How DHCP Works
How DHCP Works
DHCP provides persistent storage of network parameters by holding identifying information for each network client that might connect to the network. The three most common pairs of identifying information are the following:
? Network subnet/host address — Used by hosts to connect to the network at will
? Subnet/hostname — Enables the specified host to connect to the subnet
? Subnet/hardware address — Enables a specific client to connect to the network after getting the hostname from DHCP
DHCP also allocates to clients temporary or permanent network (IP) addresses. When a temporary assignment, known as a lease, elapses, the client can request to have the lease extended, or, if the address is no longer needed, the client can relinquish the address. For hosts that will be permanently connected to a network with adequate addresses available, DHCP allocates infinite leases.
DHCP offers your network some advantages. First, it shifts responsibility for assigning IP addresses from the network administrator (who can accidentally assign duplicate IP addresses) to the DHCP server. Second, DHCP makes better use of limited IP addresses. If a user is away from the office for whatever reason, the user's host can release its IP address for use by other hosts.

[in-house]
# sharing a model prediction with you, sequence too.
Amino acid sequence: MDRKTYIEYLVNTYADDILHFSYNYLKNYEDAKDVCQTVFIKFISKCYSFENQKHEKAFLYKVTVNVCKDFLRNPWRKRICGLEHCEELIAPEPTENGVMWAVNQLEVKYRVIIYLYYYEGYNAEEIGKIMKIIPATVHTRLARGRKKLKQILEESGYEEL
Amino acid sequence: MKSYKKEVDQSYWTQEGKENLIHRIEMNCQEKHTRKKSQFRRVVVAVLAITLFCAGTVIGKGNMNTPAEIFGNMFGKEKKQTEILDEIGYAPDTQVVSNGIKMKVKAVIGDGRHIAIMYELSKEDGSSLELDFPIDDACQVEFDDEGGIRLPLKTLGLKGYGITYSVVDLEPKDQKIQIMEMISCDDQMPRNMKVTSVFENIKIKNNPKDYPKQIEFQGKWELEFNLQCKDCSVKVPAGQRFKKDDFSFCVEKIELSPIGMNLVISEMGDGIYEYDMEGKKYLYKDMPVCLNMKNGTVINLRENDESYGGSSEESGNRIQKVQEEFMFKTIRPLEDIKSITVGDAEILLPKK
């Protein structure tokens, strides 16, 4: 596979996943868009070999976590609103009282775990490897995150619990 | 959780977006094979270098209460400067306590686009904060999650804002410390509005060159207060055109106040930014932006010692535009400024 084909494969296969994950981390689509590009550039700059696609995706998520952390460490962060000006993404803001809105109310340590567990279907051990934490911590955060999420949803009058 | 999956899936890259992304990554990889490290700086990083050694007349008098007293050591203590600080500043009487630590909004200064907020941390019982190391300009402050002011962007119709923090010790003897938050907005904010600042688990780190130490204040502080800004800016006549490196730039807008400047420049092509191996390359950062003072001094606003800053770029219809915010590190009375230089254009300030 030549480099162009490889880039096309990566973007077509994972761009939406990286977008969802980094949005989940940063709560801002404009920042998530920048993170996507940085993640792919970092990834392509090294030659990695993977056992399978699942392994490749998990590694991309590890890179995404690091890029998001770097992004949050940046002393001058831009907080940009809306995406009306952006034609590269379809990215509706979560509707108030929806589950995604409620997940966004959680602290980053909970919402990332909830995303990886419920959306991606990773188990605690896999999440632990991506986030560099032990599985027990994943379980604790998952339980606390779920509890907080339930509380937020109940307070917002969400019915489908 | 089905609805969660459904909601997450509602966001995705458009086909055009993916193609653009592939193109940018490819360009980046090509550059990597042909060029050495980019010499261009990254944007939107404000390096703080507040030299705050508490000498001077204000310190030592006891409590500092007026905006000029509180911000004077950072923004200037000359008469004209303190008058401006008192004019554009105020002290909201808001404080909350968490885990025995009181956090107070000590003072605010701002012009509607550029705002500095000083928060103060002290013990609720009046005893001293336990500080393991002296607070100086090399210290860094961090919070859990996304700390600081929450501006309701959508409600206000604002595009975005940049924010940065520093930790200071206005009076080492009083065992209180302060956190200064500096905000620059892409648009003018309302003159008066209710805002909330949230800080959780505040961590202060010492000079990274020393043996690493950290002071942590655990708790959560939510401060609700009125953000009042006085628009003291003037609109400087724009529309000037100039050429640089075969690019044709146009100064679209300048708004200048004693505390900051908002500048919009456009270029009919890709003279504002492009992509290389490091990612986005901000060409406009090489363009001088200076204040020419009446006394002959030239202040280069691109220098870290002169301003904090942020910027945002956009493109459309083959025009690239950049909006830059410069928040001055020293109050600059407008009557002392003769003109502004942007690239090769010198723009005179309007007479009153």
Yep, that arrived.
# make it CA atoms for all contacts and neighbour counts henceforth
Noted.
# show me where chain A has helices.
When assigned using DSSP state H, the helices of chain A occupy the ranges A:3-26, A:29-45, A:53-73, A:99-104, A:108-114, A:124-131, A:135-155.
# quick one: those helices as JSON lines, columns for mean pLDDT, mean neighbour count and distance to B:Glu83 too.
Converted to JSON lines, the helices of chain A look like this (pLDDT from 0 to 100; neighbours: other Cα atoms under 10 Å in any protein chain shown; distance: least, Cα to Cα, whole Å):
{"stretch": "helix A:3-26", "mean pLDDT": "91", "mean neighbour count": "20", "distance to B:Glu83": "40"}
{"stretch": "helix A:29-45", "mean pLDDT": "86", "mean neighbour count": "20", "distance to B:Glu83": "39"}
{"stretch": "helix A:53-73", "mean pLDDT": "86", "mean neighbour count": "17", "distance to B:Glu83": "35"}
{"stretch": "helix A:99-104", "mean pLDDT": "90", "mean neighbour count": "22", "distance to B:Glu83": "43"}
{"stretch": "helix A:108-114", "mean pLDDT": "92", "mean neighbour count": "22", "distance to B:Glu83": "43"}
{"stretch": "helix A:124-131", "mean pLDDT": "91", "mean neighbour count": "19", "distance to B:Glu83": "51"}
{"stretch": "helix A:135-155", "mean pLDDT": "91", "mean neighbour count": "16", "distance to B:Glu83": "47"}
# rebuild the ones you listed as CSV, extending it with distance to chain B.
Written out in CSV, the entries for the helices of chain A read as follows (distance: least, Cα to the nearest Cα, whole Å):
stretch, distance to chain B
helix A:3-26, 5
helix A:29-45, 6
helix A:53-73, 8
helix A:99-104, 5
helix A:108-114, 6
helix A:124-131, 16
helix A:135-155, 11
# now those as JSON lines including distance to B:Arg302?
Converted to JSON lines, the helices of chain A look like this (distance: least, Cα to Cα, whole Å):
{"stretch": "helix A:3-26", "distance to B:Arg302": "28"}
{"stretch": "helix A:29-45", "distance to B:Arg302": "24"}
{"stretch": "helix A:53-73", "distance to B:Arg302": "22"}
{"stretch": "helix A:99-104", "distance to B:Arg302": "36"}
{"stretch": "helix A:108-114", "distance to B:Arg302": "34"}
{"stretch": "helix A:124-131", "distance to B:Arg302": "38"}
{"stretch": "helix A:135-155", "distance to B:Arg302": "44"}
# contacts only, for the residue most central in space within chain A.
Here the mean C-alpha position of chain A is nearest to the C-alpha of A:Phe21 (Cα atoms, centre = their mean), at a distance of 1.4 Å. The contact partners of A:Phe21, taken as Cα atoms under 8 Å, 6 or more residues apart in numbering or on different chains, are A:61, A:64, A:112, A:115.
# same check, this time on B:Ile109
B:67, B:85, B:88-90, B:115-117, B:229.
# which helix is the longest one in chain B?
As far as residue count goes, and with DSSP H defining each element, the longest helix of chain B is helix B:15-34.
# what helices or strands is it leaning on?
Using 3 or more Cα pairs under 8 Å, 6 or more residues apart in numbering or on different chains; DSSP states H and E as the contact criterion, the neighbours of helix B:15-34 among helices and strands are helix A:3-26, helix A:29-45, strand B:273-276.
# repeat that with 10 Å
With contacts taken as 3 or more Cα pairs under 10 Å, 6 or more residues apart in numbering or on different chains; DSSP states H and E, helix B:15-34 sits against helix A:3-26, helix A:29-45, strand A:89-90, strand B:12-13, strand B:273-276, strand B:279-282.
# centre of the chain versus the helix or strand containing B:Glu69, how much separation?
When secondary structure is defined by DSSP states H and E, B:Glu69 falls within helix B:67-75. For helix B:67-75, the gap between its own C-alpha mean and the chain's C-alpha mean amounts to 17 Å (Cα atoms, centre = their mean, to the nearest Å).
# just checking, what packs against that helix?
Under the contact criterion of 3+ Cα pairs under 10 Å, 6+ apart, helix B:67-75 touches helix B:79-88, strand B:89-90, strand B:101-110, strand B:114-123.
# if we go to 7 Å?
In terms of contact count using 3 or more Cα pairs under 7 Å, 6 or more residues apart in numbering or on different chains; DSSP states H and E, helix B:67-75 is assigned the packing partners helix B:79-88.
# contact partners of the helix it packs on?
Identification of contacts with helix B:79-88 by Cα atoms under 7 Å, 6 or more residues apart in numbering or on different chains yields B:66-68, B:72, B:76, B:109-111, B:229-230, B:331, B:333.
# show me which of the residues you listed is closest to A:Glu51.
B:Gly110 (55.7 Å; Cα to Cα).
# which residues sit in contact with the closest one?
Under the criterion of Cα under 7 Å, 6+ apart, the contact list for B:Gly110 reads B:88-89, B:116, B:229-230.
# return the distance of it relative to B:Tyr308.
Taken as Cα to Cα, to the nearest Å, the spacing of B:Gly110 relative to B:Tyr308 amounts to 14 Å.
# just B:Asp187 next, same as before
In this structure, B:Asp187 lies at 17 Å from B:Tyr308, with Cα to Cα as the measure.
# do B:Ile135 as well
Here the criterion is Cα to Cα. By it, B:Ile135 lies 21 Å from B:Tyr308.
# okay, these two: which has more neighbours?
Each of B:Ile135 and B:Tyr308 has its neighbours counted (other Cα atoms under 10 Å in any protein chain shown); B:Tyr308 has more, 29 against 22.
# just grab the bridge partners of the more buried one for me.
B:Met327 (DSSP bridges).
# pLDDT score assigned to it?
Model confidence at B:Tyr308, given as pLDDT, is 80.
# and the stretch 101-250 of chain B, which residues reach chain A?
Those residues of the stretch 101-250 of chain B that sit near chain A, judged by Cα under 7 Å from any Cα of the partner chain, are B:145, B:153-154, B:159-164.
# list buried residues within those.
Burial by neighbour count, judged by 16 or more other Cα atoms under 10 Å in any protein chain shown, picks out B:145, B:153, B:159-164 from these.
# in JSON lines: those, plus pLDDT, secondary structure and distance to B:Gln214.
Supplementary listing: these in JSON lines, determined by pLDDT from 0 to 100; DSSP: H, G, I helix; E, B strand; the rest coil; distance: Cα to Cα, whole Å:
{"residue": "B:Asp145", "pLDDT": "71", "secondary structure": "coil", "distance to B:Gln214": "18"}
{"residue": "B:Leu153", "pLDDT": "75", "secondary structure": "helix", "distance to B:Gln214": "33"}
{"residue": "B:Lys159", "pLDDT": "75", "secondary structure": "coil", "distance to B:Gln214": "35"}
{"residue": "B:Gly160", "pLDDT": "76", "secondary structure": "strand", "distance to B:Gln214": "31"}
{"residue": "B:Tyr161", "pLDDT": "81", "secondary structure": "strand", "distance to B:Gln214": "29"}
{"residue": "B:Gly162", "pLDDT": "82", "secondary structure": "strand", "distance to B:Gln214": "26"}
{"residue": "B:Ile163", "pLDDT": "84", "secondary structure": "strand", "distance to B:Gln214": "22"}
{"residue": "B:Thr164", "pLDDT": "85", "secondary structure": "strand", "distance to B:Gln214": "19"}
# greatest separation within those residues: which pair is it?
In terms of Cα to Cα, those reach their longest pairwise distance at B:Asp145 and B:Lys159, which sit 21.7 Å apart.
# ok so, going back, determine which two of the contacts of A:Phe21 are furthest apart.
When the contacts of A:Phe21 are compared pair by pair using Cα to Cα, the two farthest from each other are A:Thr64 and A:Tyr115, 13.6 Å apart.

Like most things in life, DHCP is not perfect. Servers cannot be configured through DHCP alone because DNS does not know what addresses DHCP assigns to a host. This means that DNS lookups are not possible on machines configured through DHCP alone; there fore, services cannot be provided. However, DHCP can make assignments based on DNS entries when using subnet/hostname or subnet/hardware address identifiers.
The problem of using DHCP to configure servers that make use of registered host- names is being addressed by Dynamic DNS which, when fully developed, will enable DHCP to register IP addresses with DNS. This will allow you, for example, to register a domain name (such as imalinuxuser.com) and be able to easily access that domain's web server without needing to use static IP addressing of a specific host. The largest hurdle to overcome is the security implication of enabling each host connecting to the system to update DNS. A few companies, such as DynDNS (http://www.dyndns.com/), are already offering Dynamic DNS services and have clients for Linux.
- Letting DHCP requests through iptables
- Other Uses for DHCP
- How to read
- Chapter 9. How a rule is built
- How it was written
- How to plan an IP filter
- How to place proxies
- 7. AGGREGATION WITH INDEPENDENT WORKS
- How to use this License for your documents
- 2. How to Apply These Terms to Your New Programs